Monthly Archives: January 2014

Academic freedom and social responsibility: conflicting factors in a university’s ethos?

As Edinburgh University publishes a consultation paper on responsible investment, JWI director Tim Hayward offers some reflections (re-blogged from Global Justice Academy Blog)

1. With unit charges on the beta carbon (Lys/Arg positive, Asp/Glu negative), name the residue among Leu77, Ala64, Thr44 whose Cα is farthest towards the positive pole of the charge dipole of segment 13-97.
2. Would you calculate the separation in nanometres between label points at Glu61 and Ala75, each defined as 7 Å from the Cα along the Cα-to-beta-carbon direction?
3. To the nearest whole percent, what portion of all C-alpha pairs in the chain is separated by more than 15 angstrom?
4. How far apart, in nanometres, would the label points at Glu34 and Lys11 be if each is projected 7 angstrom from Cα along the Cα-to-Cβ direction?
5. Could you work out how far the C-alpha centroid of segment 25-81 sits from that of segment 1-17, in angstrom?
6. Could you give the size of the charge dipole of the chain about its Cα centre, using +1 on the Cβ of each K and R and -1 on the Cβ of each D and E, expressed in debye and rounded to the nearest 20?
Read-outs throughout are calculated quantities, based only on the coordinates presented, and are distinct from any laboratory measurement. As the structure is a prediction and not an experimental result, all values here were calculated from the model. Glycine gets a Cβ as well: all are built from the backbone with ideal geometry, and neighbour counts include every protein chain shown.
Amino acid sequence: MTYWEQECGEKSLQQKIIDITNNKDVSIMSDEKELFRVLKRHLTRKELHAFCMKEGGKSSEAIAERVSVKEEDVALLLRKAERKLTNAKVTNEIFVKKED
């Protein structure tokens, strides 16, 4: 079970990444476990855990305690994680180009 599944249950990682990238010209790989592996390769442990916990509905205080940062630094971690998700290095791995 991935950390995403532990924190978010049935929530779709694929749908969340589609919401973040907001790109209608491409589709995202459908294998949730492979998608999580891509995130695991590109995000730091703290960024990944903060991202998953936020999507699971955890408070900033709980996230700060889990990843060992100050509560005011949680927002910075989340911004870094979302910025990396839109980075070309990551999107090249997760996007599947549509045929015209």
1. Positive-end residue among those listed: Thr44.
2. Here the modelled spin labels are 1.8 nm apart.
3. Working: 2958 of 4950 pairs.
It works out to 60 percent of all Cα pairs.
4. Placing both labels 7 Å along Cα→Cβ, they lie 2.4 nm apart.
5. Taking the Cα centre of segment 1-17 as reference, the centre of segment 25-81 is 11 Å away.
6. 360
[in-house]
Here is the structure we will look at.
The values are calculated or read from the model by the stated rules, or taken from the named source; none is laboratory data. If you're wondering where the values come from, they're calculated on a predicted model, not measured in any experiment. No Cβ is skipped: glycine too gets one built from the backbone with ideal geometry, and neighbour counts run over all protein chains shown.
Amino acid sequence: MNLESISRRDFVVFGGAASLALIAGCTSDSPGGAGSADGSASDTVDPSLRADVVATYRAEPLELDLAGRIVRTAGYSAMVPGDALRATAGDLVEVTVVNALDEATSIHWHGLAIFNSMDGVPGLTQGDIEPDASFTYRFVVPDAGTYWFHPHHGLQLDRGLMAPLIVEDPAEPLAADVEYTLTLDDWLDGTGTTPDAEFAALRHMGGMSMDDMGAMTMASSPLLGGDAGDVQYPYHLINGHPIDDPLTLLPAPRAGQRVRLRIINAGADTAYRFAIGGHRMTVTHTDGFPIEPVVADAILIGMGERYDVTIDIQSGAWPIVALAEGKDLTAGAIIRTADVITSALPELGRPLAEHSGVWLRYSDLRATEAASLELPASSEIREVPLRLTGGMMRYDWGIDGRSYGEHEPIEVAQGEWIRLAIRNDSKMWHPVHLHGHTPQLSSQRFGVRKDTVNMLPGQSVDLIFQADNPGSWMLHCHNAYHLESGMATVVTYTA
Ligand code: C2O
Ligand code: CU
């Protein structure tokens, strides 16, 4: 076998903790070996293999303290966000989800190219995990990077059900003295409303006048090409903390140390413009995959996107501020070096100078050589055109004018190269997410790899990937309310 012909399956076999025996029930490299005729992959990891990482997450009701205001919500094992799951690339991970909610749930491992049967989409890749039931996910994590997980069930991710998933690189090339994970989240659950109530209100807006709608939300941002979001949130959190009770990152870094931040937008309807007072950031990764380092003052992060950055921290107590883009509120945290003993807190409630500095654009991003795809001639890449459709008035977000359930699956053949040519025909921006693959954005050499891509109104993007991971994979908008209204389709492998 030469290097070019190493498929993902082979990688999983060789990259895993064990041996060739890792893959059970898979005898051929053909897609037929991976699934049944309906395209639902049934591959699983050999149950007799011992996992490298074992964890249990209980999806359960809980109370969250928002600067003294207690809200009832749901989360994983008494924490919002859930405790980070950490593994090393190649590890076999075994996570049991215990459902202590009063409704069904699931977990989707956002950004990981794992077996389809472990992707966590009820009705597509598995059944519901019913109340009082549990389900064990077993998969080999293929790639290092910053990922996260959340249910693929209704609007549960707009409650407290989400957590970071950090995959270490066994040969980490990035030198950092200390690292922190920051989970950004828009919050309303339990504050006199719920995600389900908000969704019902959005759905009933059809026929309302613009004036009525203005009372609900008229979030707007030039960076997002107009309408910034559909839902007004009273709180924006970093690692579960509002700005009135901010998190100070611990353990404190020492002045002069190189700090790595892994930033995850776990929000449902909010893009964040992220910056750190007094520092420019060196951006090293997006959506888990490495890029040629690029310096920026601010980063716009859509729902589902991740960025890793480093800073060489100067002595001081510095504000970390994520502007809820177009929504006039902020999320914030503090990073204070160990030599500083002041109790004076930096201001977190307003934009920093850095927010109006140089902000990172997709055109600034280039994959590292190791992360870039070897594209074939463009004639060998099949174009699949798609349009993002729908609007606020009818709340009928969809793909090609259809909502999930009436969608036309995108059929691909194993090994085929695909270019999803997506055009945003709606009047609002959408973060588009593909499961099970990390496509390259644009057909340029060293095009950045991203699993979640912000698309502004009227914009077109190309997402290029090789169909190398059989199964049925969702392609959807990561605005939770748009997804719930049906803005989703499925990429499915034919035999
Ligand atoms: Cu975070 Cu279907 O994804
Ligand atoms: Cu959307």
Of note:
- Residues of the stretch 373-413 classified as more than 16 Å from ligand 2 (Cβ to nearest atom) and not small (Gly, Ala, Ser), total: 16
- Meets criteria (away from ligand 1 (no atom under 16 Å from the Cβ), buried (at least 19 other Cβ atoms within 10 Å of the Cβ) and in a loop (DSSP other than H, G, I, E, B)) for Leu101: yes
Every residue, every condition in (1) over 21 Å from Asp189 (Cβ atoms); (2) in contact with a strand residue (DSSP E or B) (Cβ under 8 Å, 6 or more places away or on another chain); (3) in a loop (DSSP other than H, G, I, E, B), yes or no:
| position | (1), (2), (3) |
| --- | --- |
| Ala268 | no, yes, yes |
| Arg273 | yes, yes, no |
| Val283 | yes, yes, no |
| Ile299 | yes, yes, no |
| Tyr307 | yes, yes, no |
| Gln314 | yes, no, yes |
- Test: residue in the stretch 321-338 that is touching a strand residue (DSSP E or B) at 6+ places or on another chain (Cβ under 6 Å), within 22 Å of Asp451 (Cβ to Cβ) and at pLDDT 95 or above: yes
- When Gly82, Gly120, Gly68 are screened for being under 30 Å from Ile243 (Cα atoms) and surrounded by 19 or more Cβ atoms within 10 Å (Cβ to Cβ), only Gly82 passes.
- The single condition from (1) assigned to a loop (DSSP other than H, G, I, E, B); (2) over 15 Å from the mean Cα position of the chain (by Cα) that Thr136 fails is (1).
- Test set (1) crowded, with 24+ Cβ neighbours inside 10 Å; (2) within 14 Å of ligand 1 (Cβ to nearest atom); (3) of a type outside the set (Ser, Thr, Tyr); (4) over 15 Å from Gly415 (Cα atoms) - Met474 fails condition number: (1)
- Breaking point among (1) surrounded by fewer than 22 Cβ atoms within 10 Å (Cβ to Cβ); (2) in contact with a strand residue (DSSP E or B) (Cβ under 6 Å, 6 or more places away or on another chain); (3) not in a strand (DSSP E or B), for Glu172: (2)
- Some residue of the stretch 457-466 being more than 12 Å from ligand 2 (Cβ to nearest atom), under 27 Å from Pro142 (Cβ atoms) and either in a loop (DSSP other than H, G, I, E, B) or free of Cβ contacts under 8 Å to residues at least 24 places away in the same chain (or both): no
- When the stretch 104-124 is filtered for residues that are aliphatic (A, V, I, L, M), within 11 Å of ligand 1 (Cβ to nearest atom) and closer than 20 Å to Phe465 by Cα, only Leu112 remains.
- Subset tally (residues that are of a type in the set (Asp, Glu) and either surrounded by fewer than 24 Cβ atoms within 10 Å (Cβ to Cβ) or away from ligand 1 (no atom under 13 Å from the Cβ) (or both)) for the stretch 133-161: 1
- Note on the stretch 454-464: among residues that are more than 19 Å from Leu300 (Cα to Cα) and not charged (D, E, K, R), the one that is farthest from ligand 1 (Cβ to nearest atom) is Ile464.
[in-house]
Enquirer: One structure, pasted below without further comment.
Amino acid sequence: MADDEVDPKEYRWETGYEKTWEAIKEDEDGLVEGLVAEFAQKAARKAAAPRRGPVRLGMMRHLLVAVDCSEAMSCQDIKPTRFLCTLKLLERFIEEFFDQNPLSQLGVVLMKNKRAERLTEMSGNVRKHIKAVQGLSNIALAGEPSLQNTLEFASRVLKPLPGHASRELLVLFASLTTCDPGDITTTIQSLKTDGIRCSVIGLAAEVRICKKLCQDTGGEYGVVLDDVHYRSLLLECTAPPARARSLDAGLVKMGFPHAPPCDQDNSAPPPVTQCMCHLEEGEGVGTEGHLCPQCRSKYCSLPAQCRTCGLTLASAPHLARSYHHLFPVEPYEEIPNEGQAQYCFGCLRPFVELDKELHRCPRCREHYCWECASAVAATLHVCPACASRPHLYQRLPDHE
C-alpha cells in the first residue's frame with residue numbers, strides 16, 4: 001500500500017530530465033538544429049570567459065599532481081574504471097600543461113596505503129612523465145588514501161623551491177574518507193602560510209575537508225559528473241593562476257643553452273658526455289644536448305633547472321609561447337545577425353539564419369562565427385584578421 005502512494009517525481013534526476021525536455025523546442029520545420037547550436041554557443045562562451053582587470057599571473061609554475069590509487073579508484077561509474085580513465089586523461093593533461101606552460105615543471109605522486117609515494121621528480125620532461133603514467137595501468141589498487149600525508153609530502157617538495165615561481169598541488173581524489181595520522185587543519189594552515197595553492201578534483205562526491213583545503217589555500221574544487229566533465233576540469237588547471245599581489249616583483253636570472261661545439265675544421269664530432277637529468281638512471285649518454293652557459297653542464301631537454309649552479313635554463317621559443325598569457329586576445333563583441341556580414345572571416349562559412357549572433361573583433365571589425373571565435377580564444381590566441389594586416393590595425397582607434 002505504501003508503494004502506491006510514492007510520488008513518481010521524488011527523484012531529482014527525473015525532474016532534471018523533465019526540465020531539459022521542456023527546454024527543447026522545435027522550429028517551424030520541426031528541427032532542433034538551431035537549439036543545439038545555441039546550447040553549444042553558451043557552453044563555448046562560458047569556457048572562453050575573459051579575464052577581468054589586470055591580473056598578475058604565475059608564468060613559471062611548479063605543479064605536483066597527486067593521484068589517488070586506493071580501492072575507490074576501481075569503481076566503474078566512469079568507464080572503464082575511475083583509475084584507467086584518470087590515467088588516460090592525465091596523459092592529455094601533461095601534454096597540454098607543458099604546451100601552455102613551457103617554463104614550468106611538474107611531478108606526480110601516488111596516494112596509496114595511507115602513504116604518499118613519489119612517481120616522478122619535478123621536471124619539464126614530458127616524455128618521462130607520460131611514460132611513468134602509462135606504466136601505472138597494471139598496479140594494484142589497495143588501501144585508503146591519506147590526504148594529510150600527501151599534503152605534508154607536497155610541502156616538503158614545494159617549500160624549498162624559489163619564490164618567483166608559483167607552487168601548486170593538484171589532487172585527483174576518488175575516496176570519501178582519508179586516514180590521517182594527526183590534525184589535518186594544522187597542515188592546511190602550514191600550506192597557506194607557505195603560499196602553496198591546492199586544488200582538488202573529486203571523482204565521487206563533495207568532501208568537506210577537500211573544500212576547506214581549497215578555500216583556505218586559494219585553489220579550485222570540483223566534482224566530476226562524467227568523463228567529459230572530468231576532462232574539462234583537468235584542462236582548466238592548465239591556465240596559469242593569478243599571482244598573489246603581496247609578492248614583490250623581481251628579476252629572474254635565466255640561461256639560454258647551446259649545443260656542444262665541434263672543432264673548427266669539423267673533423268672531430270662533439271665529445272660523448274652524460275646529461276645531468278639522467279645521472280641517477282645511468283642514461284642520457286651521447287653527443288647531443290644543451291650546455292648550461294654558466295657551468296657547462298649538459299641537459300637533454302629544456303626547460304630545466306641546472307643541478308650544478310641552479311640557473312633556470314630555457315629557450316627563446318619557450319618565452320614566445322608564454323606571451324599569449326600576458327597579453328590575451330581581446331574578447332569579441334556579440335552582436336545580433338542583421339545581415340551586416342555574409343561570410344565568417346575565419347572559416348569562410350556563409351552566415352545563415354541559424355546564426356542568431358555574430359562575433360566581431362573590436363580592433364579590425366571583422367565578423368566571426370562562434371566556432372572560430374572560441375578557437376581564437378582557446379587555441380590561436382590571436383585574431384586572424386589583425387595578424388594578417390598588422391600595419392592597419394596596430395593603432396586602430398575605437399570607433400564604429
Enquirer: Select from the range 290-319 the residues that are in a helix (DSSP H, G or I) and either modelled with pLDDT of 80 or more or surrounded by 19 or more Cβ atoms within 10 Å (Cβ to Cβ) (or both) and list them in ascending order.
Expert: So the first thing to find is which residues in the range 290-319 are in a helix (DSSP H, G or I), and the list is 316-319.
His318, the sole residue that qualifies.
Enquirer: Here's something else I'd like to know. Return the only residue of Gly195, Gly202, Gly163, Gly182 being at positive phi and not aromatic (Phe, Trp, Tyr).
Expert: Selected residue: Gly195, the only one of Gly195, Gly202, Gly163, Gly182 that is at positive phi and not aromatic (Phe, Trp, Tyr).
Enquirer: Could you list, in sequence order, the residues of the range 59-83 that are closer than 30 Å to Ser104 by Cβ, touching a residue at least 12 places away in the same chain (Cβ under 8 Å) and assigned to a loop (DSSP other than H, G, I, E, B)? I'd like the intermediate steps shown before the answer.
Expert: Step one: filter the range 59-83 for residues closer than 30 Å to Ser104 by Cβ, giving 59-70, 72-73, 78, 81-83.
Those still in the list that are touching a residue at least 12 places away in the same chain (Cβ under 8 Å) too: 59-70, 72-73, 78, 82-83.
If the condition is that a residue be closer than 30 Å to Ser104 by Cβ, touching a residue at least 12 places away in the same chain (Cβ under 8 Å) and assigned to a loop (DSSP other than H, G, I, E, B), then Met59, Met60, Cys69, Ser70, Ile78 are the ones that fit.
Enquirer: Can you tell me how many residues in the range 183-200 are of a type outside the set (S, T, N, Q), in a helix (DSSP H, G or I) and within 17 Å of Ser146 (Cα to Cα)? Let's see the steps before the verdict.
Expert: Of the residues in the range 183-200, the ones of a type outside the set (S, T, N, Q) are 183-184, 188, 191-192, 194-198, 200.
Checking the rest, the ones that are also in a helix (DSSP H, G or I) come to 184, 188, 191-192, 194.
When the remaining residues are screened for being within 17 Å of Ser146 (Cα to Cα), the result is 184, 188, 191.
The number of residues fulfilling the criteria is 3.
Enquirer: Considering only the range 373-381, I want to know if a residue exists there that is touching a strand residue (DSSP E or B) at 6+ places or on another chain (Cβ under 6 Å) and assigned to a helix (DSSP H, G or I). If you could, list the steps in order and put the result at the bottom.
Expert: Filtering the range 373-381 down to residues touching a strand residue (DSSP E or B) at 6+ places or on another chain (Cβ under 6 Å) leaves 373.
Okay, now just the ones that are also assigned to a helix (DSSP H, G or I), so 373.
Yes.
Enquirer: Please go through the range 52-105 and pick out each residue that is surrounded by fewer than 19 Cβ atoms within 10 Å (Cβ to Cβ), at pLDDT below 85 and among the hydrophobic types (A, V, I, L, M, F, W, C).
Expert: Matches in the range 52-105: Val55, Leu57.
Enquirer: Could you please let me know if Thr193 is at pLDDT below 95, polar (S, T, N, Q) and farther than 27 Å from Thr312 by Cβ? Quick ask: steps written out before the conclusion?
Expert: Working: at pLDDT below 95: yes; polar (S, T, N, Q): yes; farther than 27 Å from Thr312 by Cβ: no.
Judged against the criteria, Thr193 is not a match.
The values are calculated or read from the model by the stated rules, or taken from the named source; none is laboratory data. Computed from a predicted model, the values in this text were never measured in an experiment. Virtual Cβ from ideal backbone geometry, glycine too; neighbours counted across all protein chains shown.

Why should a university be socially responsible?  A question thrown into relief by the current debate over universities’ investments concerns the social role of the university and the relation of that to its core academic activities.  In a thoughtful response to an earlier blog where I argued in favour of the fossil fuel divestment campaign, a critic, Nick Geiser, objects that the campaign is ‘forcing universities to “take a side” in the climate change debate and committing the university to a particular set of political objectives.’  This, he maintains, ‘is a radical attack on the principles of scholarship and academic freedom and threatens open debate in higher education.’  Since that sounds like a damaging charge, I’d like to consider more carefully why we should suppose that urging a university to take a decision that may be perceived to have a distinctive political colour is necessarily a threat to academic freedom or any other core value of a university. Continue reading